Does your vacation make you happy?

March 24, 2010 by  
Filed under HEALTHCARE

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In the coming days, it’s Easter school holidays in most European countries, which can last from 1 to 3 weeks. Most people, especially those with school children will take off from work to take care of the kids, and perhaps travel a bit.

When it comes to number of vacation days per year, European employees get much more than their counterparts in North America and Asia. Almost all European countries require employers to give their employees at least 20 days of paid leave. Most people get more. In contrast, US law does not provide for paid leaves. Paid vacation is based on the generosity of the employer. See more details of the number of paid vacation days here.

Vacation means not going to work and for many Europeans, it also means travelling. Almost everybody goes on a vacation trip in Europe. But does vacation really make us happy? Are Europeans happier than Americans because they get more vacation?

This Dutch study looked at the effect of vacation on people’s overall happiness. 1,520 Dutch adults, of whom 974 went on a vacation during the last 32 weeks participated in the study. The researchers assessed the participants’ level of happiness before, during, and after vacation. The results can be summarized as

  • Highest level of happiness was measured before the actual vacation during the planning stage.
  • Happiness immediately drops back to the original levels after coming back from vacation. At this point, there is no difference in happiness between those who went on holidays and those who didn’t.
  • The actual vacation itself made many people happy although some reported it to be stressful due to illness or conflicts with fellow travellers.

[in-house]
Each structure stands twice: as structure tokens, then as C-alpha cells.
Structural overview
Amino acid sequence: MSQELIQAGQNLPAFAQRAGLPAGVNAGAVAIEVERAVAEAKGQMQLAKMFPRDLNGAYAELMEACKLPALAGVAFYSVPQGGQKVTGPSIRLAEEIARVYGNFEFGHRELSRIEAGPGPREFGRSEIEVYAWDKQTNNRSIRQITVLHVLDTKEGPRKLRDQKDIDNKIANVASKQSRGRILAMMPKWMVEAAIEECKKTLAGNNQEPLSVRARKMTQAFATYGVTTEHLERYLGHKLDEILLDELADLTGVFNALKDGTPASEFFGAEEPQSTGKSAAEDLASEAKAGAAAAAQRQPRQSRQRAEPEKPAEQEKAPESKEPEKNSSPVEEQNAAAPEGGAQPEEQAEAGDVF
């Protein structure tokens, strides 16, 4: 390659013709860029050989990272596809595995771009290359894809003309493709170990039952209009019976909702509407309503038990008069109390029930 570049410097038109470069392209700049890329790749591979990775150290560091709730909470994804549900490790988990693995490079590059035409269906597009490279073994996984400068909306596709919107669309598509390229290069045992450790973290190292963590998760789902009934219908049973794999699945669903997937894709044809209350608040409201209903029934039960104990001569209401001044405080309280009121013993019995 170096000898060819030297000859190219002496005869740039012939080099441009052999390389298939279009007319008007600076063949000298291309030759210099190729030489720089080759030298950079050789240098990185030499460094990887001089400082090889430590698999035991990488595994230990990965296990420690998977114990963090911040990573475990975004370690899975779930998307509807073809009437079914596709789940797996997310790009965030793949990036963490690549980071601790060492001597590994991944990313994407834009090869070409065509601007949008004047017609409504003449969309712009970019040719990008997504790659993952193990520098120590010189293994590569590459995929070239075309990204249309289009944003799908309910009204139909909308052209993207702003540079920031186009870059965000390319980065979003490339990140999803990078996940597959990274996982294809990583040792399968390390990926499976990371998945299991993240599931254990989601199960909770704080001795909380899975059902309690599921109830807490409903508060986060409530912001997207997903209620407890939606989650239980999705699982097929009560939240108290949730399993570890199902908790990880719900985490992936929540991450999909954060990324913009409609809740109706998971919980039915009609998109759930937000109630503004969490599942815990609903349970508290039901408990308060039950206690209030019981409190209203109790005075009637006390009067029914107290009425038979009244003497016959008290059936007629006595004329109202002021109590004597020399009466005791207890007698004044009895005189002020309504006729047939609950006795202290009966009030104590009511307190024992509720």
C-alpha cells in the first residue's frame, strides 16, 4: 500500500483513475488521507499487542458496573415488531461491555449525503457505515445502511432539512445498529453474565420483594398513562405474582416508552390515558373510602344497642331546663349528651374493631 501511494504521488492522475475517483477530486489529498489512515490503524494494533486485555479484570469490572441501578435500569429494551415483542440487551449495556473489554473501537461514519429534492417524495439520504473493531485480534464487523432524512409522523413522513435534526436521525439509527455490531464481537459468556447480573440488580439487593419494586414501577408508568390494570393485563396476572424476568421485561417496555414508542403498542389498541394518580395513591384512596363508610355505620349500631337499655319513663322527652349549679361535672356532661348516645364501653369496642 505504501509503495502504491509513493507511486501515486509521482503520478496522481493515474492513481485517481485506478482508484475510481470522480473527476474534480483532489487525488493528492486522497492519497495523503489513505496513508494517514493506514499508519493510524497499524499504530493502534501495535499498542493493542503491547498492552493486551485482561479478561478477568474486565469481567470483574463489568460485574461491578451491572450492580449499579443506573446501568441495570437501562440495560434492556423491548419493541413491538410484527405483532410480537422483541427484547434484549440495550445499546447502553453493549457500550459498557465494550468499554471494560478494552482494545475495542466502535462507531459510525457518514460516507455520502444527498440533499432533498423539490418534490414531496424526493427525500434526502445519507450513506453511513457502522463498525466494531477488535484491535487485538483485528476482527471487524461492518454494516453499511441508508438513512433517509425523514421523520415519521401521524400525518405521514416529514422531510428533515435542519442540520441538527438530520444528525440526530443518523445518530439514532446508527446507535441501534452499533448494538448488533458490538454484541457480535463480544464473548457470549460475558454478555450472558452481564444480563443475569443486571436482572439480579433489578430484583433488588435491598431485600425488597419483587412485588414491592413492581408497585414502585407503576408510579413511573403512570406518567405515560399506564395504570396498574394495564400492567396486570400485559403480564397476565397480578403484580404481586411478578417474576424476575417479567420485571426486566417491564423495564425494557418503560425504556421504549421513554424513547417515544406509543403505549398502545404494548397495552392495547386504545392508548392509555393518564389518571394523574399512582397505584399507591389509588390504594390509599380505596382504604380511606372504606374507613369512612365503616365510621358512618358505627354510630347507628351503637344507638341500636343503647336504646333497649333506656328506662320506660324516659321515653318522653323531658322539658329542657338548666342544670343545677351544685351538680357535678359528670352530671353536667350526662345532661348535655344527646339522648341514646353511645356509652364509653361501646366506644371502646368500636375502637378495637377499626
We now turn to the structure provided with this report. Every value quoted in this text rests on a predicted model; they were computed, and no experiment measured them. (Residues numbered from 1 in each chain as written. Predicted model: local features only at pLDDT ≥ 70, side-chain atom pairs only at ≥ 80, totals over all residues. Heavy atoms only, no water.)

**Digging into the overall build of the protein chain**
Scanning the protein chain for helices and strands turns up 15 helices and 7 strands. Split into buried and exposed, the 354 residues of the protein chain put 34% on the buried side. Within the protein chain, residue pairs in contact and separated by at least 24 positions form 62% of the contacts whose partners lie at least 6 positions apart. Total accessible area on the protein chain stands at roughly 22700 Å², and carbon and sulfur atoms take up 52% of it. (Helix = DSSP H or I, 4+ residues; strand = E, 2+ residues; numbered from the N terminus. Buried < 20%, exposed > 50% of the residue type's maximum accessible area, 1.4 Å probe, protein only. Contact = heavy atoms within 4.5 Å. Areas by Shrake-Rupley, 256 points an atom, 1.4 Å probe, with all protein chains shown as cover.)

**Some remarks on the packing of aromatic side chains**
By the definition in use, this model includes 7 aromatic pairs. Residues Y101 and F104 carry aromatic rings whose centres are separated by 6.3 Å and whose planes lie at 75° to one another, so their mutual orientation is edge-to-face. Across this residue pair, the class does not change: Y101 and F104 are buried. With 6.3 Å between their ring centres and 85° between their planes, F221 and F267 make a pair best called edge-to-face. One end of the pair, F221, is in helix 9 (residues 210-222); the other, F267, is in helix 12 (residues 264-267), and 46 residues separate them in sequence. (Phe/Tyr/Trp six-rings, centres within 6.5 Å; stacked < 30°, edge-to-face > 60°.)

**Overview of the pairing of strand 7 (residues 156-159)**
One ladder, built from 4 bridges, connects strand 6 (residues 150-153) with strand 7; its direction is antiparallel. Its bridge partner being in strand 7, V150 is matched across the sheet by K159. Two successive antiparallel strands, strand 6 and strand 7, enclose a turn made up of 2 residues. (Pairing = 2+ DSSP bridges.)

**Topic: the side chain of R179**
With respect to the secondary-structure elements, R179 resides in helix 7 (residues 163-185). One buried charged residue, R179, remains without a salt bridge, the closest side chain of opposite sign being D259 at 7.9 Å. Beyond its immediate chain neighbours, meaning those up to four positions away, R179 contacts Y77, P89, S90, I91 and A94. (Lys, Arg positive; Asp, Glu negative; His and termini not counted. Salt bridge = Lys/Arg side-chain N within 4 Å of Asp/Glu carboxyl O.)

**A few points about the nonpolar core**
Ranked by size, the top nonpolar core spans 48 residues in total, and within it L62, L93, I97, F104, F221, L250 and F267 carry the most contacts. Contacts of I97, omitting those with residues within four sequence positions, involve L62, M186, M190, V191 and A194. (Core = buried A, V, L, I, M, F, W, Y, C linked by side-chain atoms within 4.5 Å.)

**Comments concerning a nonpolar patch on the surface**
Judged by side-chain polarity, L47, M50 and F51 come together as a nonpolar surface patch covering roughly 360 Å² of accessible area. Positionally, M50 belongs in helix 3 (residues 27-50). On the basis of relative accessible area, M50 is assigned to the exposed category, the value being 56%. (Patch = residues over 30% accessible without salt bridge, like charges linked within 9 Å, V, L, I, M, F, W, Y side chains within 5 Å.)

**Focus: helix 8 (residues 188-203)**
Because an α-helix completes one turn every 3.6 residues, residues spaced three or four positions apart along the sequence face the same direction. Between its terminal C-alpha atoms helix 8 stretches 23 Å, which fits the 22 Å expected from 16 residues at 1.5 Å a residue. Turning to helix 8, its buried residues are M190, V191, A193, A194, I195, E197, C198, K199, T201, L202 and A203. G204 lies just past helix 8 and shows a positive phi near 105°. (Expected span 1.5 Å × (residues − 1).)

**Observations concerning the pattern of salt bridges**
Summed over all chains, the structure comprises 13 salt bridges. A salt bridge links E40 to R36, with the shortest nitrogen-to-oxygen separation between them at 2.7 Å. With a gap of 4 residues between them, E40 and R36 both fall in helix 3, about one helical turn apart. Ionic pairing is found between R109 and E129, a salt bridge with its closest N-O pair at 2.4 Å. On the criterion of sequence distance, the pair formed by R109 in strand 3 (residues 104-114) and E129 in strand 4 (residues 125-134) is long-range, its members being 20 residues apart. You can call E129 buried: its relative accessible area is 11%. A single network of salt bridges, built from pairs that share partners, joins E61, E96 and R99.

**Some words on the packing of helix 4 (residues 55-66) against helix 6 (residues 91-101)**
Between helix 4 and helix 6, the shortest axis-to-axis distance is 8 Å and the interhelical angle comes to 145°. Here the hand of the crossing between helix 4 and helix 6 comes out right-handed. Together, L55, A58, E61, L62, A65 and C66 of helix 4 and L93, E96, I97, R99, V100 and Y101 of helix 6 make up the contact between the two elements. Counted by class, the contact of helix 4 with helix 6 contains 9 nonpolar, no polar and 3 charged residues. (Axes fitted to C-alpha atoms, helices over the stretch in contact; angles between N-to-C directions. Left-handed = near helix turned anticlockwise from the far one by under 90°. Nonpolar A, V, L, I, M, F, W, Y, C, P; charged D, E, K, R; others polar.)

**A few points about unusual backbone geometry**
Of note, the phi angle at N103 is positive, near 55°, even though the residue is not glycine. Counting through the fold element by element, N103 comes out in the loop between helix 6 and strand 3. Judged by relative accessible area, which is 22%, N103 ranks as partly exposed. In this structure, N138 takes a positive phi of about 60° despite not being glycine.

• The amount of stress or relaxation during the actual vacation influence postvacation levels of happiness. Moderate relaxation doesn’t seem to increase happiness after vacation. Only a very relaxing holiday trip can boost postvacation happiness.
  • Postvacation stress can actually increase as many people find it difficult to get back to work after a vacation. Work also tends to pile up during those days of absence.

The study results suggest that the joy of vacation lies in the anticipation, not in the vacation itself. The authors’ take home message: take many short holidays during the year rather than one long one.

“The practical lesson for an individual is that you derive most of your happiness from anticipating the holiday trip. What you can do is try to increase that by taking more trips per year. If you have a two week holiday you can split it up and have two one week holidays. You could try to increase the anticipation effect by talking about it more and maybe discussing it online.”

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NOTE: The contents in this blog are for informational purposes only, and should not be construed as medical advice, diagnosis, treatment or a substitute for professional care. Always seek the advice of your physician or other qualified health professional before making changes to any existing treatment or program. Some of the information presented in this blog may already be out of date.

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